USS Carl Vinson carrier group expected off Korea at end of April
Apr 20 2017
Instead it was heading south for military drills with Australia in the Indian Ocean.
The USS Carl Vinson has been making its way from Singapore to the Sea of Japan since last week, making stops in Asia along the way.
But now it appears the strike group is headed to Korean waters, with intent to stay for some time.
By conducting joint exercises with the Maritime Self-Defense Force and through other means, the USA aircraft carrier strike group is poised to increase military pressure on North Korea and urge Pyongyang to engage in restraint.
US Defense Secretary Jim Mattis is looking to address confusion over a US aircraft carrier group, saying that its schedule had been disclosed earlier to be transparent.
After declining to discuss military movements initially, Trump then said that, "We are sending an armada".
"The statement that was put out was that the Carl Vinson group was headed towards the Korean Peninsula".
But on Tuesday, it was revealed the strike group had not yet started its journey to the peninsula when those comments were made.
The U.S. military says an aircraft carrier participating in curtailed training with Australia before starting its journey north toward the Korean Peninsula. "She operates freely up and down the Pacific, and she's just on her way up there because that's where we thought it was most prudent to have her at this time". That is, we were shifting her.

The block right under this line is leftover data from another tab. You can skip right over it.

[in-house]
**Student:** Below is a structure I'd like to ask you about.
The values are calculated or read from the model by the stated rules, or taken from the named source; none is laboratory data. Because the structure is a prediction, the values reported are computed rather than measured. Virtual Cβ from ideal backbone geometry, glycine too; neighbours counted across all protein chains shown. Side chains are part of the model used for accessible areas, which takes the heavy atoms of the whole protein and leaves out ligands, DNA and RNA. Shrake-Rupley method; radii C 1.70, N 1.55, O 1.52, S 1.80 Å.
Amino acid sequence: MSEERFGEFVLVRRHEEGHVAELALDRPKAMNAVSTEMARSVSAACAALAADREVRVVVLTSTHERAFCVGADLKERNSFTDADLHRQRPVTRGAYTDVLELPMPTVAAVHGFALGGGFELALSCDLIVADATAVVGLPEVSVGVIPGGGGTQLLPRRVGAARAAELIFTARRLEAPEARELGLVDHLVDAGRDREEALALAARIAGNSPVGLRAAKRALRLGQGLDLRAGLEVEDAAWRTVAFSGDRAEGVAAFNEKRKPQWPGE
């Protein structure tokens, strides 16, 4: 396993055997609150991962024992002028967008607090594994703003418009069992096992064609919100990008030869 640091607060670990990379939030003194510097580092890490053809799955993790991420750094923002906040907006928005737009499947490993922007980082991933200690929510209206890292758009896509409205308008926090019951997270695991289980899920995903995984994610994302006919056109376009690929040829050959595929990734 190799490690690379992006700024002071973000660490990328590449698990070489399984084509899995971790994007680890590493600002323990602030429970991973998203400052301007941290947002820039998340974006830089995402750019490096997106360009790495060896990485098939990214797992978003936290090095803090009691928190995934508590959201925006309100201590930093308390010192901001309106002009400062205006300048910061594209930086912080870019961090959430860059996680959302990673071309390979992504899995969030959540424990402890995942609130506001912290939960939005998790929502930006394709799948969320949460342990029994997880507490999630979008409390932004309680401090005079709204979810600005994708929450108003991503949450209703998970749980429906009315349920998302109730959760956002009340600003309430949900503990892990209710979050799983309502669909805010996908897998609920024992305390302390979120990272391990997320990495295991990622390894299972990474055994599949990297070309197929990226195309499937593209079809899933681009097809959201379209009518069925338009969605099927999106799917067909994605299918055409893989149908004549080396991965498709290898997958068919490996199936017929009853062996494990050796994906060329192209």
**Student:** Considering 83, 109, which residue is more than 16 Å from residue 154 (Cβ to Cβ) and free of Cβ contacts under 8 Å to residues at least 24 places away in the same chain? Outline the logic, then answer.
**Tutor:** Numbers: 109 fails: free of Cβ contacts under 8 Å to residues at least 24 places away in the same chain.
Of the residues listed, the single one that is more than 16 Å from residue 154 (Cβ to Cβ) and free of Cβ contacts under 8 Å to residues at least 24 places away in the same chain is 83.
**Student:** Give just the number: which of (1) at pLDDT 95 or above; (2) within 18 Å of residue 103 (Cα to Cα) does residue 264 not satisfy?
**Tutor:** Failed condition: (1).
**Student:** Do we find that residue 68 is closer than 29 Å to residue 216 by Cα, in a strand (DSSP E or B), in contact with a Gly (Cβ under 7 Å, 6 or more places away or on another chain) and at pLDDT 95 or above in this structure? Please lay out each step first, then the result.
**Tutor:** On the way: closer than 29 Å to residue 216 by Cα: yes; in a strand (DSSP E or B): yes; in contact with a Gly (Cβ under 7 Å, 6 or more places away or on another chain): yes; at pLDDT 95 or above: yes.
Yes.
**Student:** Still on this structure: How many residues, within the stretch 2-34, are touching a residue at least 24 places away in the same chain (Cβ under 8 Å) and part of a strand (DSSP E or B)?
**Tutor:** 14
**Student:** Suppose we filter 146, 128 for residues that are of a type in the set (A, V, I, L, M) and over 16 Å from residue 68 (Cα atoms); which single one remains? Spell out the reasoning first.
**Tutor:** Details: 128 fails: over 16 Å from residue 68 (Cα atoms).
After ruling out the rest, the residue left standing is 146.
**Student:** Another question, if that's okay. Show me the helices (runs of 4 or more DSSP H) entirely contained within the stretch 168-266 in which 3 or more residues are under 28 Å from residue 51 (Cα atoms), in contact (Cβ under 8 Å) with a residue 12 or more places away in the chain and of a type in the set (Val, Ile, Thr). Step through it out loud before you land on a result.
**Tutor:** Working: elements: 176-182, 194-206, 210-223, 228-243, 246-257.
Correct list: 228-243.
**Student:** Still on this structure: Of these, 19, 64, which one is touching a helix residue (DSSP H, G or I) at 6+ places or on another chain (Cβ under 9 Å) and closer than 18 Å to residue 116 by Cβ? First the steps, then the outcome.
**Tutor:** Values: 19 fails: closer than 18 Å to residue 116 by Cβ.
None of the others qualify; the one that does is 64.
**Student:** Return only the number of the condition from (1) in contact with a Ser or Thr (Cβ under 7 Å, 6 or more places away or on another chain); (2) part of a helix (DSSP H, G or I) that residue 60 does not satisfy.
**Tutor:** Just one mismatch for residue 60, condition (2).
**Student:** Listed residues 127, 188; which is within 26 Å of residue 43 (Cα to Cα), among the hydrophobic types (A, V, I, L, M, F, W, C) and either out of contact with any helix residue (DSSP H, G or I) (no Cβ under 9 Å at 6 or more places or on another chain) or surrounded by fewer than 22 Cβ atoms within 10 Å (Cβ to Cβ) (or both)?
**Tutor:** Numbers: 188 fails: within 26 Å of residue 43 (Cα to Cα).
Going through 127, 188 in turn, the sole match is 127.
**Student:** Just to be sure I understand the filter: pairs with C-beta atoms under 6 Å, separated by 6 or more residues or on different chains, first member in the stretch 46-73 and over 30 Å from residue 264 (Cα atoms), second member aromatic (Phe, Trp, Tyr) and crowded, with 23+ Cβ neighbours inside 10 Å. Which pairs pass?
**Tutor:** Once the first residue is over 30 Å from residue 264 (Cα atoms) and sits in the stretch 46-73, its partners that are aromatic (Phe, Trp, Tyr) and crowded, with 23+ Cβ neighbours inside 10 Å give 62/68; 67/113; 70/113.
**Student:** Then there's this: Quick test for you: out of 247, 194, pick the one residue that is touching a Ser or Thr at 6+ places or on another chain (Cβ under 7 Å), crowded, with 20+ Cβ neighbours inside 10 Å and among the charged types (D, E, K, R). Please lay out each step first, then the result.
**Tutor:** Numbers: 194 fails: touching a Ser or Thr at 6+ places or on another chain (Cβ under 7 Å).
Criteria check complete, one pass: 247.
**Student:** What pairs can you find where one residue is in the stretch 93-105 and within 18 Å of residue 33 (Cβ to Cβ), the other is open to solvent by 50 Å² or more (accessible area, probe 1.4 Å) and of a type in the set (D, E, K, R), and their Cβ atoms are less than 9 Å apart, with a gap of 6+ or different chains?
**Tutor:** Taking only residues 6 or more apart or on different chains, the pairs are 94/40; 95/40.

"If you threaten them and your threat is not credible, it's only going to undermine whatever your policy toward them is", said North Korea expert Joel Wit at the 38 North monitoring group, run by Johns Hopkins University's School of Advanced International Studies.
For more than a week, media reports in the USA and around Asia routinely have mentioned the approach of the USS Carl Vinson carrier strike group, seemingly implying an attack on North Korea could be imminent.
"We are sending an armada", President Donald Trump said on April 12. We're ready to defend our allies in this region. "We will continue to be the centerpiece of visible maritime deterrence, providing our national command authority with flexible deterrent options, all domain access, and a visible forward presence".
Tensions on the Korean peninsula have escalated as President Donald Trump adopted strong rhetoric against North Korean leader Kim Jong-un.
Beijing, long considered North Korea's last remaining ally, has stepped up its criticism of Pyongyang.
Many observers expected a nuclear test or missile launch in honor of the occasion, but in the end, nothing happened on that day.